Ministry of Housing, Communities & Local Government
Charities to benefit from support for rough sleepers during pandemic
Over 130 charities are set to benefit from £6 million of government funding to allow them to continue their work supporting rough sleepers during the pandemic.
- Funding for frontline charities providing support to rough sleepers
- Over 130 charities set to benefit from £6 million following a successful bidding process
- Investment builds on ongoing work to support rough sleepers into long-term accommodation, with more than 15,000 helped off streets during pandemic
Charities supporting vulnerable rough sleepers will be able to continue their vital work, backed by £6 million of government funding, Homelessness Minister Luke Hall recently (07 June 2020) announced.
A total of 132 charities across England will have access to the funding meaning they can continue to support those experiencing homelessness during coronavirus and beyond.
This includes providing beds for those who need it as well as the specialist physical and mental health help they need to recover from life on the streets.
The funding is part of a £750 million package of government support for UK charities who may have been impacted by the pandemic, £360 million of which is dedicated to offering a lifeline to charities working to end homelessness.
Successful bids include:
Encompass Southwest – who support rough sleepers with some of the most complex needs in North Devon, as well as young people aged 14 to 21 who are at risk of rough sleeping or homelessness.
Helping Hands Community Project in Warwick – who support people experiencing homelessness, including victims of domestic violence, by offering a range of essential services from hot meals to advice and support sessions. It also upskills people through volunteer placements in its charity shop and café.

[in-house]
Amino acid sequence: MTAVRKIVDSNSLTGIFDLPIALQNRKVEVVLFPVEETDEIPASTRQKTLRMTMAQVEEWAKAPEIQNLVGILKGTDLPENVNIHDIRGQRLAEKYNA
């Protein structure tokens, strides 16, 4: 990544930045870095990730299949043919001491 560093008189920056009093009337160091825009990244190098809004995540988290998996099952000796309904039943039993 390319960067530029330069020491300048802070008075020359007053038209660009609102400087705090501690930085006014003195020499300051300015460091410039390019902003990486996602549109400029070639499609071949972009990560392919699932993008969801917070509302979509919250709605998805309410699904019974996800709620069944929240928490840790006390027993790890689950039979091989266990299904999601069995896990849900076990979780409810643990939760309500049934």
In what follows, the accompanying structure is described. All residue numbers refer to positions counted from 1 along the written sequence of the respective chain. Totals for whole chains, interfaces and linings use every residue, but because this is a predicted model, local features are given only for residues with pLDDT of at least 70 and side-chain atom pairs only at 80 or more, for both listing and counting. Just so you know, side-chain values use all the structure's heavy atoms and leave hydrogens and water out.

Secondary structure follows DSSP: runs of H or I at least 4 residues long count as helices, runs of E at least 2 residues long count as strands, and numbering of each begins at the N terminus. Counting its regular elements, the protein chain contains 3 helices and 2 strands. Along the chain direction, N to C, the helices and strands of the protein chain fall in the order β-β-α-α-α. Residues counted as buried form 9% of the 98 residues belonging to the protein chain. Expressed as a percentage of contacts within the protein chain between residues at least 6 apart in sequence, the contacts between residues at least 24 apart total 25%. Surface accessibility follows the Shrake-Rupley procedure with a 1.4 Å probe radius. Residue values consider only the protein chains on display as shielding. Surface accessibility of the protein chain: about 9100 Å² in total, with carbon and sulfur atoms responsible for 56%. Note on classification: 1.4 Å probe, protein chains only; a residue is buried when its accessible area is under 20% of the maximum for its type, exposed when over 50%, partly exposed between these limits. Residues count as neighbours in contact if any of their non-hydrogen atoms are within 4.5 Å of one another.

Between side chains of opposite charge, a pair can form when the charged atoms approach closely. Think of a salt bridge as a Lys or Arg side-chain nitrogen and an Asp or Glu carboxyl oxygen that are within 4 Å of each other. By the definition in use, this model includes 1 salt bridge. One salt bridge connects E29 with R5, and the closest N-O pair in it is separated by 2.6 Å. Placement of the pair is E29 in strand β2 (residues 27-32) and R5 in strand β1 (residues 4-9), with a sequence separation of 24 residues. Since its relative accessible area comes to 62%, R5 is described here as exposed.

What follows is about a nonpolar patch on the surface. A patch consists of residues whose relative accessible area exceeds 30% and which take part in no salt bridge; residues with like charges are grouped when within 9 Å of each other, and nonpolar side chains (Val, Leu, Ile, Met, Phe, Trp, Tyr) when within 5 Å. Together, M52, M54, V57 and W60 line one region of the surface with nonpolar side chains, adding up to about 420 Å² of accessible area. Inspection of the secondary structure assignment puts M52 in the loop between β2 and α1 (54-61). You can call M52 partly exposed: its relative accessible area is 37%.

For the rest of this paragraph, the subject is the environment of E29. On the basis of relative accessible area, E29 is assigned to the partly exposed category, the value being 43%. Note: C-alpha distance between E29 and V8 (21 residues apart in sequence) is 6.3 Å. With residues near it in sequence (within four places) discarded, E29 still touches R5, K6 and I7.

Stonewall Housing in East London – who work directly with LGBT+ homeless people and those at risk of homelessness.
Young Women’s Housing Project in Sheffield, Yorkshire and the Humber – who provide safe supported accommodation and therapeutic support to young women aged 16-25 and their children, who have been affected by sexual abuse, sexual exploitation, Child Sexual Exploitation (CSE) and peer/intimate partner abuse.
Coffee4Craig in Manchester – who provide vital support for rough sleepers and people in crisis. The Manchester drop-in is an evening and weekend service, offering hot meals, showers, medical support and more.
This announcement builds on the recent government commitment to provide thousands of long-term, safe homes for vulnerable rough sleepers taken off the streets during the pandemic.
This is backed by £160 million this year and will support many of the thousands of rough sleepers currently housed in emergency accommodation to move on to more sustainable, long-term housing.
Homelessness Minister Luke Hall recently said:
The staggering effort between councils and charities across the country has ensured that over 90% of rough sleepers known to councils at the start of the pandemic have been offered safe accommodation. This work has helped to protect thousands of lives.
This money will help charities continue to support these people and ensure they are getting everything they need to prevent them from returning to a life on the streets so they can rebuild their lives once and for all.
To ensure that the funds were shared fairly, the process was managed independently by Homeless Link.
Rick Henderson, Chief Executive of Homeless Link, added:
Homelessness charities that many vulnerable people rely upon have continued to provide invaluable support, despite being hard hit by the current public health crisis.
This emergency funding will enable them to keep running their vital services, from specialist support for women, those experiencing domestic violence and young people, to providing hot meals or upskilling people experiencing homelessness – to name just a few
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